Sen. Angus King, I-Maine, joined 49 other senators – all Democrats except for Sen. Bernie Sanders, I-Vt. – to pass a federal budget for the next fiscal year.
PORTLAND - Despite a 20-hour session that culminated in a final vote at 5:01 a.m., Sen. Angus King, I-Maine, said he had an "exhilarating day" debating, amending and finally voting to pass the Senate's proposal for a federal budget Saturday.
King, who presided over the Senate for two hours after midnight, joined 49 other senators -- all Democrats except for Sen. Bernie Sanders of Vermont, the Senate's other independent -- to pass a budget for the next fiscal year. It was the first time the Senate has approved a budget in four years, but it differs so sharply from the Republican-backed House budget that many consider a compromise unlikely.
However, King, who arrived back in Maine for the Senate's two-week spring recess late Saturday afternoon, said he remained optimistic that an agreement will be reached.
"Now the table is set for a deal," he said in a brief news conference at the Portland International Jetport.
Sen. Susan Collins, R-Maine, voted against the Senate's Democratic-backed budget plan and earlier in the week opposed the House's Republican budget proposal. King also opposed the House budget.
Collins said in a statement that she would have voted for "a bipartisan budget plan that would serve as a true starting point toward the consensus we must build together if we are to overcome our most pressing fiscal challenges."
Nonetheless, Collins said it was a hopeful sign that the Senate was actually tackling a budget bill. She also said she would use her position on the Appropriations Committee -- which actually determines spending in specific areas under the budget's broad outline -- "to begin writing fiscally responsible funding bills that reduce spending in areas that we can no longer afford while investing in our national priorities."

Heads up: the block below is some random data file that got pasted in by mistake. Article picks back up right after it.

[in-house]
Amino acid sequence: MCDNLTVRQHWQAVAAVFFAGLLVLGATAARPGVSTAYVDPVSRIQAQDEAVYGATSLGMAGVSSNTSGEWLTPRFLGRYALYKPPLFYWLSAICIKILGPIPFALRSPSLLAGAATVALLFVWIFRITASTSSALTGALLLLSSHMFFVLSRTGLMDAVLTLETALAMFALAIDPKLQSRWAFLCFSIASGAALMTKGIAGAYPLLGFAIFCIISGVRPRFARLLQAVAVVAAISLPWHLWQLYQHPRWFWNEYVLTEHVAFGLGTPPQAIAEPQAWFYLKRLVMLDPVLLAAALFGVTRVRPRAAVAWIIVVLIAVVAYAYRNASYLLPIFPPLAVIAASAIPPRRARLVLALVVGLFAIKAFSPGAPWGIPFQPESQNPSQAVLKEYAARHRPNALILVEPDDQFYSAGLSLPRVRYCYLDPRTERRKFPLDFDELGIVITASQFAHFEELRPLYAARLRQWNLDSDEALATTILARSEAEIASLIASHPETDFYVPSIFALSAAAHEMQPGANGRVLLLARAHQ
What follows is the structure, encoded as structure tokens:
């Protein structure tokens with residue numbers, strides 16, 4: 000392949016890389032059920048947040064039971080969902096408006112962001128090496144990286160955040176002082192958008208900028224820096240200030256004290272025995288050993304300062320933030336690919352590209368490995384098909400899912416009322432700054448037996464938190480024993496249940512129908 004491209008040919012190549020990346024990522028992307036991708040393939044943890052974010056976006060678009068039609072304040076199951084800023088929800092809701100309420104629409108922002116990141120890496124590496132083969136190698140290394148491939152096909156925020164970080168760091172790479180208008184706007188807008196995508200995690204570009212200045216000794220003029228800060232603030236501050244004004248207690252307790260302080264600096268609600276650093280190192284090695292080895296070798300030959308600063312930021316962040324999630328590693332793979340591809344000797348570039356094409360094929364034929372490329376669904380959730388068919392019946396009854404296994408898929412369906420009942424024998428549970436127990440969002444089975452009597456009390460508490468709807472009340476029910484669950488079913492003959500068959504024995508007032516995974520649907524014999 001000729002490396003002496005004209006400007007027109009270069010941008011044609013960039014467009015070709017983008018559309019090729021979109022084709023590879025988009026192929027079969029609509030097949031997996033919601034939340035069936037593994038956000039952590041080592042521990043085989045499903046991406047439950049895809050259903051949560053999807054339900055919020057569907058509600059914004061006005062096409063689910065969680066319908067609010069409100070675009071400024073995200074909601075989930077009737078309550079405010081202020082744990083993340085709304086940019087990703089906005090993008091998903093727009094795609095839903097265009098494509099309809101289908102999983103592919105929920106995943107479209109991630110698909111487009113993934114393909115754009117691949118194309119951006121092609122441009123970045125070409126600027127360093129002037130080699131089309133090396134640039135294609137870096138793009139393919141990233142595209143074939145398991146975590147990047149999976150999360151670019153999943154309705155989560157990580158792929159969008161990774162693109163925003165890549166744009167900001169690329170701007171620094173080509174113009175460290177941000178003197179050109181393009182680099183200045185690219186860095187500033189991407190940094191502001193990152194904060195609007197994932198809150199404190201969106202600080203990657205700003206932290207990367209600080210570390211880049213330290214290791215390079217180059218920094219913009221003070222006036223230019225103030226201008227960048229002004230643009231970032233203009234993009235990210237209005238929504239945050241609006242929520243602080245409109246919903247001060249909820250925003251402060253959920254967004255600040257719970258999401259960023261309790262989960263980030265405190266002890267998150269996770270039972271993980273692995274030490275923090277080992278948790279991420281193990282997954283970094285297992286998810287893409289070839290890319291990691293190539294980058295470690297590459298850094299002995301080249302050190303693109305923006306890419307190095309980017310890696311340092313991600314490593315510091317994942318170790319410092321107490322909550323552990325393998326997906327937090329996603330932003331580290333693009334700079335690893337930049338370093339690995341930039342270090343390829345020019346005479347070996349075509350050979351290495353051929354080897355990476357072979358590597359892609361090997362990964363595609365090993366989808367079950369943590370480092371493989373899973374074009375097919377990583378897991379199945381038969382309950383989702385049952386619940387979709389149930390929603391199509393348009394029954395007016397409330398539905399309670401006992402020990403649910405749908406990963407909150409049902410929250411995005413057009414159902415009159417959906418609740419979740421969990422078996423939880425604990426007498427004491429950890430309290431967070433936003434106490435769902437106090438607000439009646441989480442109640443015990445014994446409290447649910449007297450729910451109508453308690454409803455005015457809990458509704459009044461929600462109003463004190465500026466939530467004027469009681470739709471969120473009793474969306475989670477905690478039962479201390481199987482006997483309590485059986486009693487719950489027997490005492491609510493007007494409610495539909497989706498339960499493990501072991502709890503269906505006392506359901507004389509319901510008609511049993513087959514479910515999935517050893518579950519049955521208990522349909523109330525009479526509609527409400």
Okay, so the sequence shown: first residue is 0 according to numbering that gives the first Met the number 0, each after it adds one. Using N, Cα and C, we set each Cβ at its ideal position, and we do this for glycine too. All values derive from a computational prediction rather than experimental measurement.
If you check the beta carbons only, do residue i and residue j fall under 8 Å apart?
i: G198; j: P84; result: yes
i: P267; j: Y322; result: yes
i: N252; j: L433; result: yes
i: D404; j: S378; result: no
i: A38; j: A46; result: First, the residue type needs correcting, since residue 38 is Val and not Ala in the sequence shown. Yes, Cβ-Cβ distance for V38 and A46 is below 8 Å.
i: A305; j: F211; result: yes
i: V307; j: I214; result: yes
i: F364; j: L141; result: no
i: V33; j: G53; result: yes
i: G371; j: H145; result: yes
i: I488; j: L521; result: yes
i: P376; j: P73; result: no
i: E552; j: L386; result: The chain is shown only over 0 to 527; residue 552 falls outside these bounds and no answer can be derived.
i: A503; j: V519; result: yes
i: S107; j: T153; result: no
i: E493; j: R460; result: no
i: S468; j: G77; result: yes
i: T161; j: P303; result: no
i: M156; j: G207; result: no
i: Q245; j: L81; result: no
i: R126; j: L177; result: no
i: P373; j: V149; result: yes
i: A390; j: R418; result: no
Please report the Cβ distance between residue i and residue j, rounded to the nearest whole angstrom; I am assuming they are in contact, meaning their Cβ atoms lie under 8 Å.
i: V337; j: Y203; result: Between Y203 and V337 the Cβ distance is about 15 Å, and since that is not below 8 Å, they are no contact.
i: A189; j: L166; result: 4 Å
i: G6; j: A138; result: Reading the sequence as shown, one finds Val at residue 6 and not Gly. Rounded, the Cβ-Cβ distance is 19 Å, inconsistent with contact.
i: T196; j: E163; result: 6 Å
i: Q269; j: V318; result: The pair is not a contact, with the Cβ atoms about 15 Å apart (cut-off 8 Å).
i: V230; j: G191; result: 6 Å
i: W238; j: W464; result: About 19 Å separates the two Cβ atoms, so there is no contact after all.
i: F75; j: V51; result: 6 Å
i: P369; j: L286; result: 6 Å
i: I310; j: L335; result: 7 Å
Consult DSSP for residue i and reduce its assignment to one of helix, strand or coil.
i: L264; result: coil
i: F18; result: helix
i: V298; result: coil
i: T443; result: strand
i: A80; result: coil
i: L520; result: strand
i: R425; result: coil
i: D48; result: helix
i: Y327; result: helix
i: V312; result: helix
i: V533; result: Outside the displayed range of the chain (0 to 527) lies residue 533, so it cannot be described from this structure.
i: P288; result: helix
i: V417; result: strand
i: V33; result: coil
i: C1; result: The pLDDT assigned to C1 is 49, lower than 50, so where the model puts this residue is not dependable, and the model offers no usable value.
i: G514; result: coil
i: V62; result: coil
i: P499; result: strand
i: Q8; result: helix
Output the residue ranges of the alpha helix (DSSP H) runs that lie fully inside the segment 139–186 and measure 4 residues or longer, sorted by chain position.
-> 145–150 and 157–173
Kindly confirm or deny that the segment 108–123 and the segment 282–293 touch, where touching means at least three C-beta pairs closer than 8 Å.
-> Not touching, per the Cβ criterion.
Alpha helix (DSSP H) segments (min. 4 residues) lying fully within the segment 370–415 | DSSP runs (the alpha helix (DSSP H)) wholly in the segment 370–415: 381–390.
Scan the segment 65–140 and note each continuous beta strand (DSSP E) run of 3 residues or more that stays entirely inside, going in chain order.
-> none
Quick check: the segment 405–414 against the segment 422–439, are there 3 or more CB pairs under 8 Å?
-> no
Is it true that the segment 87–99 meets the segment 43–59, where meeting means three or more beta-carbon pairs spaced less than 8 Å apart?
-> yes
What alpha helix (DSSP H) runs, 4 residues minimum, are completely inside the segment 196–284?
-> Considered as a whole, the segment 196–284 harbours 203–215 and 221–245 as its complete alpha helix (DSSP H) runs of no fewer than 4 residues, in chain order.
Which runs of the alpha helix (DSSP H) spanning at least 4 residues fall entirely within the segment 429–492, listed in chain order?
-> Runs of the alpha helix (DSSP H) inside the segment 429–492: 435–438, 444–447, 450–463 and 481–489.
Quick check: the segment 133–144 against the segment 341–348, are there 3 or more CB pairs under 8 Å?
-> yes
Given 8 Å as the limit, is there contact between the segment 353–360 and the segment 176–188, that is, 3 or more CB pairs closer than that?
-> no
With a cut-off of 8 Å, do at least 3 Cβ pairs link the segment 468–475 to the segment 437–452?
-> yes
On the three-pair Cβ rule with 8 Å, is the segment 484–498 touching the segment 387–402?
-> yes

King said the Senate's marathon session, which included more than 100 amendments and 70 roll-call votes, showed the chamber "really doing what it's supposed to do."
The session represented a return to the days when senators actually sat at their desks and engaged in debate, King said. Usually, the only time all the senators are on the floor is for roll-call votes, and then they mostly pass each other as they arrive, cast their votes and then leave almost immediately.
King said the Senate's budget decisions are good for Maine. A bill that passed earlier in the week, setting out funding for the current fiscal year, included a five-year spending blueprint for the Department of Defense that calls for continued construction of Navy destroyers.
"That's really locking down jobs in construction and work at Bath Iron Works for the next five years," King said.
That bill will avert a government shutdown this week, but leaves in place $85 billion in "sequester" spending cuts. King said a Defense Department budget review "offers a glimmer of hope" that furloughs at the Portsmouth Naval Shipyard in Kittery can be avoided despite that cut in funding.
King also said the 2013-2014 budget includes $50 million for weatherization efforts, although a state-by-state breakdown wasn't available.
King also was a co-sponsor of an amendment that could move Congress toward adopting a two-year budget.
Maine and many other states have two-year budget cycles, he said, and adopting one for the federal budget would provide stability for businesses, financial markets and taxpayers while freeing up Congress for more of its oversight duties.
Washington Bureau Chief Kevin Miller contributed to this report.
Staff Writer Edward D. Murphy can be contacted at 791-6465 or at: